By Daniel Paiz
Digging into your own backyard is vital when it comes to getting an idea of the different sounds your city offers. For this installment of A Week’s Worth Review, the lens squarely falls on a Denver artist who has been taking his time and working on his debut album. This artist goes by the name of Bob Doe.
Sometimes you don’t really know a whole lot about an artist before listening to their music. Honestly that’s a pretty solid way to go into checking out their music: no expectations means this listener is more receptive. Debuts are honestly the toughest album an musical artist will create, because whether they know it or not, they’ve been working towards it their entire life. Every successive album that follows is the time period between the previous album and now. That’s why taking your time is vital. For Bob Doe, that might’ve been time well spent.
Breaking down “Who is Bob Doe?”
Rhetorical album titles add to the expected delivery of a project. You as an artist both have to answer the question, while at the same time providing enough details for the listener to make up their own mind about the album. This album for me both gives us glimpses of who this artist is, but at the same time doesn’t give us enough info to further develop a stronger image. This is oddly good and bad.
Good, because artistically Doe can still determine whichever direction he’s feeling for future projects. Bad, because after 45 minutes it’s still hard to answer who Bob Doe is outside of topical generalizations. Breaking things down track by track will give more credence to how on the fence things occasionally feel.
Track by Track
Intro is a bunch of voicemails giving intentionally vague answers, adding to the thematic entry into the album.
Overtime focuses on working and pushing past criticism and being about what one is saying they are about. “I’m not where I wanna be, so I’m gon work some more tonight” puts this song together quite well. The beat adds some gravity to the overall message.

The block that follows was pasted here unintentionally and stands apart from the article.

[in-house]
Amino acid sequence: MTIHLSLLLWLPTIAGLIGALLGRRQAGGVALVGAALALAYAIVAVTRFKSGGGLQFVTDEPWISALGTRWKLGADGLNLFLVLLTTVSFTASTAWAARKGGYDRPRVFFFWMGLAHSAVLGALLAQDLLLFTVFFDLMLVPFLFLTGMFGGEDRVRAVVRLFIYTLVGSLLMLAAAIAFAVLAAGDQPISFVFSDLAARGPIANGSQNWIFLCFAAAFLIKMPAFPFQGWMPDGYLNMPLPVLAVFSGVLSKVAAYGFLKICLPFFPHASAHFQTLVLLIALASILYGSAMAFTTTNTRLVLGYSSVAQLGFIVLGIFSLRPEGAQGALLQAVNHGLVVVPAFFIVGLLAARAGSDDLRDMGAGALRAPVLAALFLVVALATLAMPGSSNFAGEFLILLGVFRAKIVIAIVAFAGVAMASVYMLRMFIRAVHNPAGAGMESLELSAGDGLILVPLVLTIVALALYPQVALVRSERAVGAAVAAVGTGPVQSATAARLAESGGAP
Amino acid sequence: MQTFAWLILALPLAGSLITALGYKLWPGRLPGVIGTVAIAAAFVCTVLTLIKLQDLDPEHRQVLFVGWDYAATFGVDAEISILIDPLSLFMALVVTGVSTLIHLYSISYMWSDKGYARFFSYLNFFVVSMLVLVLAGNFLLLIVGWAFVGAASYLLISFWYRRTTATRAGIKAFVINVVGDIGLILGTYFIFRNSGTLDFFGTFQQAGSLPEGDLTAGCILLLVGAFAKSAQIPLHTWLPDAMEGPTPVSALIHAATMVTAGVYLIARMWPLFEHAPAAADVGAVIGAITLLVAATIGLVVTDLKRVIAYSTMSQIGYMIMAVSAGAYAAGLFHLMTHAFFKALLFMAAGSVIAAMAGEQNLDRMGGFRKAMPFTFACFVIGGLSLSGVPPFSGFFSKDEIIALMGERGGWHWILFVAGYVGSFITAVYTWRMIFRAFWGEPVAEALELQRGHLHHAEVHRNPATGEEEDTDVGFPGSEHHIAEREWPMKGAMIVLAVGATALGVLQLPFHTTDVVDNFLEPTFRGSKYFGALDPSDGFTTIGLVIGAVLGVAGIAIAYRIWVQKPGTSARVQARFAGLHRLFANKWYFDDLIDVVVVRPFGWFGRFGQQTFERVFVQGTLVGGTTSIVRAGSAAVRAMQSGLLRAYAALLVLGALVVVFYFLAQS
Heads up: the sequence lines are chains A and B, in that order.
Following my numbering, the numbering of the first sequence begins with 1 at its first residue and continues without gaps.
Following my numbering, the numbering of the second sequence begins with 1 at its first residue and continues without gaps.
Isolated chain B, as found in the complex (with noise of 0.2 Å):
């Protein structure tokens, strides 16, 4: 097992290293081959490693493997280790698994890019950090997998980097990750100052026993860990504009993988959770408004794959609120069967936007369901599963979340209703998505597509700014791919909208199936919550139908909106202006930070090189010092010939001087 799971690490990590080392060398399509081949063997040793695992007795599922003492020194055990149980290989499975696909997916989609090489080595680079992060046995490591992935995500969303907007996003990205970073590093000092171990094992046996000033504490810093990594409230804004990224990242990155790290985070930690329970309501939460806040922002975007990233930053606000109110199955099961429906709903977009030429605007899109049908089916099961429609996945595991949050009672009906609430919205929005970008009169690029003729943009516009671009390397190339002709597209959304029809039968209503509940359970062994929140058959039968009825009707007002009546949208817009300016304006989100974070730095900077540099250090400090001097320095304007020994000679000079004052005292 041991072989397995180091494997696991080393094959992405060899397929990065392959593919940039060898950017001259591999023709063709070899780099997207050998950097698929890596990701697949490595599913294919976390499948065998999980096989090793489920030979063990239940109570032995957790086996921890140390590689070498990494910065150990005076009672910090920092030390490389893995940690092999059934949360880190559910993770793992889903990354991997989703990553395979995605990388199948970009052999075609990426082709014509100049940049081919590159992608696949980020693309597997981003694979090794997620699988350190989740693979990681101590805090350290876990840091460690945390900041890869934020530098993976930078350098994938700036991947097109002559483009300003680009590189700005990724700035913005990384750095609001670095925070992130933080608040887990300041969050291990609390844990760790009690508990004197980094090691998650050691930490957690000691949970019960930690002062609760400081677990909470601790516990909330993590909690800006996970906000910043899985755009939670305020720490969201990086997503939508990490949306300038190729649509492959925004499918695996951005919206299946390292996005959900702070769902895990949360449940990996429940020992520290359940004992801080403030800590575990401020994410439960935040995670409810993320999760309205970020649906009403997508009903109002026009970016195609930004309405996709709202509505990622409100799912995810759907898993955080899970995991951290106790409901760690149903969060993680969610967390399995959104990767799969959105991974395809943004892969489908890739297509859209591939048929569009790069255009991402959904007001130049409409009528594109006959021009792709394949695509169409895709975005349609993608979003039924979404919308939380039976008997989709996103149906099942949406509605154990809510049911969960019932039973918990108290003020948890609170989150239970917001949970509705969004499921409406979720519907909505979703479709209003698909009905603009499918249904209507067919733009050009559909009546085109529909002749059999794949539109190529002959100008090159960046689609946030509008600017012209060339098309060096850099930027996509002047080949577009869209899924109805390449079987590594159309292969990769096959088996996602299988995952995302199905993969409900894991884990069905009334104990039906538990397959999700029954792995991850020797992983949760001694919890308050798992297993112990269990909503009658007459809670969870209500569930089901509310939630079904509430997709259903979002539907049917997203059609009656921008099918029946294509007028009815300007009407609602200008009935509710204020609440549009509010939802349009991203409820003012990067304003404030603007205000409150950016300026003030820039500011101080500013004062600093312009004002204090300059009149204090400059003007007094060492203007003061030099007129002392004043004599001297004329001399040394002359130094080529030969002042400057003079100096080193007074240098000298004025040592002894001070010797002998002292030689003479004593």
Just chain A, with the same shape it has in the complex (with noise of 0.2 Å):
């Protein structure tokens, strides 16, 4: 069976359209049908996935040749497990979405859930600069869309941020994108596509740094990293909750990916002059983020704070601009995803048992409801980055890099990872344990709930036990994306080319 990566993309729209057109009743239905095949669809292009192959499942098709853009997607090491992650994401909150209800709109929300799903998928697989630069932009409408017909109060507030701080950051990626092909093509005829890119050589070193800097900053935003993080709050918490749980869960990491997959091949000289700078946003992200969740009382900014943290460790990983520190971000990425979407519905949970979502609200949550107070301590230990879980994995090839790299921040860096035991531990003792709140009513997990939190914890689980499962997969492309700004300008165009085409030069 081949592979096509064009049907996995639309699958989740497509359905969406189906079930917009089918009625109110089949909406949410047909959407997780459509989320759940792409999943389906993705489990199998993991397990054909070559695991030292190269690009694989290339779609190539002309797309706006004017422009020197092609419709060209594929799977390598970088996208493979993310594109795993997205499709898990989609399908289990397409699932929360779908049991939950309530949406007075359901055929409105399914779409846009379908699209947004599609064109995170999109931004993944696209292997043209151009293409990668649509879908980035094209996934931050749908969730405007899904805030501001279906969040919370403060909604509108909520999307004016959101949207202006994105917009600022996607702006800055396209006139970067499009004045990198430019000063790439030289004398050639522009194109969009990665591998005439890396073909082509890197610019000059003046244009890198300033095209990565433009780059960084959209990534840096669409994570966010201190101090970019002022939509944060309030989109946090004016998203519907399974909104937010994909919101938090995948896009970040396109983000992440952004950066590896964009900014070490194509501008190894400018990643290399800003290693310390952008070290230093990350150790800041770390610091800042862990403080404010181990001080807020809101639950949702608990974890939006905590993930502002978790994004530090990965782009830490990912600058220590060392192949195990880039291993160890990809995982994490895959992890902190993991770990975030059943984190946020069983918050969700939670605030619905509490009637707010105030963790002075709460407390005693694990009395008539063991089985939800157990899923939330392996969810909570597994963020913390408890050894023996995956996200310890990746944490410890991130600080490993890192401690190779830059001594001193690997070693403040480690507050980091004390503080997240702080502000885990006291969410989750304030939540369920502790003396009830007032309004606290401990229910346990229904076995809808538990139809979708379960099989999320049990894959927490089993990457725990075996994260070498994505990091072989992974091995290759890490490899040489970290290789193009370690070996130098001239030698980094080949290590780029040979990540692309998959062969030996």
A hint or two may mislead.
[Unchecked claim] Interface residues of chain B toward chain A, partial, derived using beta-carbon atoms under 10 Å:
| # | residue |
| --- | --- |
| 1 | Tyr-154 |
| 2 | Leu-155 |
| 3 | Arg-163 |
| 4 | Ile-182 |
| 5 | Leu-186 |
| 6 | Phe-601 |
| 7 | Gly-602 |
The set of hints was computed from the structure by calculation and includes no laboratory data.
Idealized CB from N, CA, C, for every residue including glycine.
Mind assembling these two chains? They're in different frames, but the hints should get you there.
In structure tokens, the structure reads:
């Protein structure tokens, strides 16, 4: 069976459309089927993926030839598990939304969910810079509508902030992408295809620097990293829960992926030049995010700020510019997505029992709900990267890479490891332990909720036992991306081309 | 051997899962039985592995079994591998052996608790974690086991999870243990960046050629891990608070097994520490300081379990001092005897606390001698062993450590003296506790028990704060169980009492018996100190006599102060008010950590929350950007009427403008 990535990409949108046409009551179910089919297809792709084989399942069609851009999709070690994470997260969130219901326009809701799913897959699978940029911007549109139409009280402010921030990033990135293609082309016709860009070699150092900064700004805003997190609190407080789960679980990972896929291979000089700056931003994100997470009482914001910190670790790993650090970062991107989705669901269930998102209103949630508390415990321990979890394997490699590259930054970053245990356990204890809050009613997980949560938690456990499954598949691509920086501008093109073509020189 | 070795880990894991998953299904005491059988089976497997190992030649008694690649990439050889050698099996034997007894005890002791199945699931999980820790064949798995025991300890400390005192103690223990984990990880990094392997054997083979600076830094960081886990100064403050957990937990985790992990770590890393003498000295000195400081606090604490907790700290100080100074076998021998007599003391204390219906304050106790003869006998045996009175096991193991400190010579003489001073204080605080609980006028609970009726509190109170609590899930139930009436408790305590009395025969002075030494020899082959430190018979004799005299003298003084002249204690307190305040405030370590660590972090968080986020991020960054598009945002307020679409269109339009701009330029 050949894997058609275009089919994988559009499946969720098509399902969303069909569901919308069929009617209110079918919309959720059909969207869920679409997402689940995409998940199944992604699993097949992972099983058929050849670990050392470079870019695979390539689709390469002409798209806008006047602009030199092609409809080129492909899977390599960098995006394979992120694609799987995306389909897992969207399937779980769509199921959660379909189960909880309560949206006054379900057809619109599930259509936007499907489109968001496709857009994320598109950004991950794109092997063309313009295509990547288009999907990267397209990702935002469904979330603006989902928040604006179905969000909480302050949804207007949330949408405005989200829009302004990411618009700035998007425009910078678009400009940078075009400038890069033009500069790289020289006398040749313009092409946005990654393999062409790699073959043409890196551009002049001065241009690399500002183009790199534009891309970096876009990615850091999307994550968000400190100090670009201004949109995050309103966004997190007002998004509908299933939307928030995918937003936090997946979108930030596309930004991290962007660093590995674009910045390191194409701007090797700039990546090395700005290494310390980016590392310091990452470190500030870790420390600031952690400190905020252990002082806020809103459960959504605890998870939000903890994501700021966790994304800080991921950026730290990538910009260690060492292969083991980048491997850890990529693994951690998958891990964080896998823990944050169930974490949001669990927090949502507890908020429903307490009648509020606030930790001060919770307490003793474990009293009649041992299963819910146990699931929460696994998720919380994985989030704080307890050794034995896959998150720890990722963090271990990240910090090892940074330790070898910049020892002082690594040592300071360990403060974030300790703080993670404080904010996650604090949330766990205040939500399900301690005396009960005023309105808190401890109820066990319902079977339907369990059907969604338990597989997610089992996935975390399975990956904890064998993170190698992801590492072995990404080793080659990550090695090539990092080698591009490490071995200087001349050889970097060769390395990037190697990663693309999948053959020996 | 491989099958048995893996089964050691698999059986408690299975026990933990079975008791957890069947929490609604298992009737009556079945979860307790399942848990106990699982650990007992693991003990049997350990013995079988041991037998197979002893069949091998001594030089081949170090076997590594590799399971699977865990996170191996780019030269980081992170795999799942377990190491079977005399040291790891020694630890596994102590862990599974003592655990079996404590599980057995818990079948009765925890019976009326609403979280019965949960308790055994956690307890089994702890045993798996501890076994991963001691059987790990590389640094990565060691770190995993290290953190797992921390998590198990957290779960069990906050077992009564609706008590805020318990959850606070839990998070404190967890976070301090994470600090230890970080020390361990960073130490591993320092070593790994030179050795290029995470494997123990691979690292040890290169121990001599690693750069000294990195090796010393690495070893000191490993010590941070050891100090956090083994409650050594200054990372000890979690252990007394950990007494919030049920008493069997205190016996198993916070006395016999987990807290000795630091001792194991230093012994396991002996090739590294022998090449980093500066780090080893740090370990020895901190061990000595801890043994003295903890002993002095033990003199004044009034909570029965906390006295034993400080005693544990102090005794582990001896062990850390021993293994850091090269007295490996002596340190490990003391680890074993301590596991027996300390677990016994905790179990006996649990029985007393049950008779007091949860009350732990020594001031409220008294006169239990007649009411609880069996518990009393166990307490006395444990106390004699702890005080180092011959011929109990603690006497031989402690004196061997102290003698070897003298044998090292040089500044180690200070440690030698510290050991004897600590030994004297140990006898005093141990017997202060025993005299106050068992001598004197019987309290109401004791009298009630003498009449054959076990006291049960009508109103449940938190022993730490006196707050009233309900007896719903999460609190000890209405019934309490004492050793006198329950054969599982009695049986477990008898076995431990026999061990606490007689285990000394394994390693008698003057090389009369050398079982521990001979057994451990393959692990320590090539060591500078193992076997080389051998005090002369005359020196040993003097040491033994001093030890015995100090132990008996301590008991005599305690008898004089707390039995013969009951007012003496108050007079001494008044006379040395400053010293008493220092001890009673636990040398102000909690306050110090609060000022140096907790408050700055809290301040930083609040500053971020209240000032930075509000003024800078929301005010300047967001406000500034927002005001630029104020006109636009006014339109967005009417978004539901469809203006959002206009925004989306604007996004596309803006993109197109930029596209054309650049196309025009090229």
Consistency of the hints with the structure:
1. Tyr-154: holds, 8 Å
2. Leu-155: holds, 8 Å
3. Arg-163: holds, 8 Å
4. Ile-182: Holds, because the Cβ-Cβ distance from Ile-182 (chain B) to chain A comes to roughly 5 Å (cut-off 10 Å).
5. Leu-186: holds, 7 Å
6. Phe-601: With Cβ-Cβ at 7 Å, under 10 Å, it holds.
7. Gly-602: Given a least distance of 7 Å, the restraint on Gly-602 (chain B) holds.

Toast is a smoke song but also a unity track for Bob as well as those who have been a part of his life and hustle. A very positive energy type of beat, reminiscent of most weed songs.
Politics as Usual feels like a statement song from start to finish. Feedback about the state of society today follows with criticism of the current state of affairs. There’s also calling out the victim blaming when Black men are murdered by the police, as well as the double standards they face.
Pose for the Photo has the feel of a party/club song, has a bit of auto-tune on the chorus. Discusses interactions with women, and has moments where it could be about more than that but never fully develops. Probably a track that could grow in popularity due to the feel of it.
Who is Bob Doe? is a braggadocio track, showing the listener who exactly Bob Doe is. Basically, your interpretation is kind of your own, yet at the same time the artist presented throughout this tape is also the right answer.
Message to a Younger Me is an advice track of what Bob wishes he had known at a younger age, ideally delivering knowledge to someone younger now might learn from. Cautionary advice is the focus throughout, as well as lessons that were learned through earned experience.
All the Lies is a reflection piece about a past flame that was supposed to be a more meaningful relationship than it turned out to be. Another track that has a cautionary tale feel to it. Feels like a track to coast to, a reflect on life kind of vibe to it.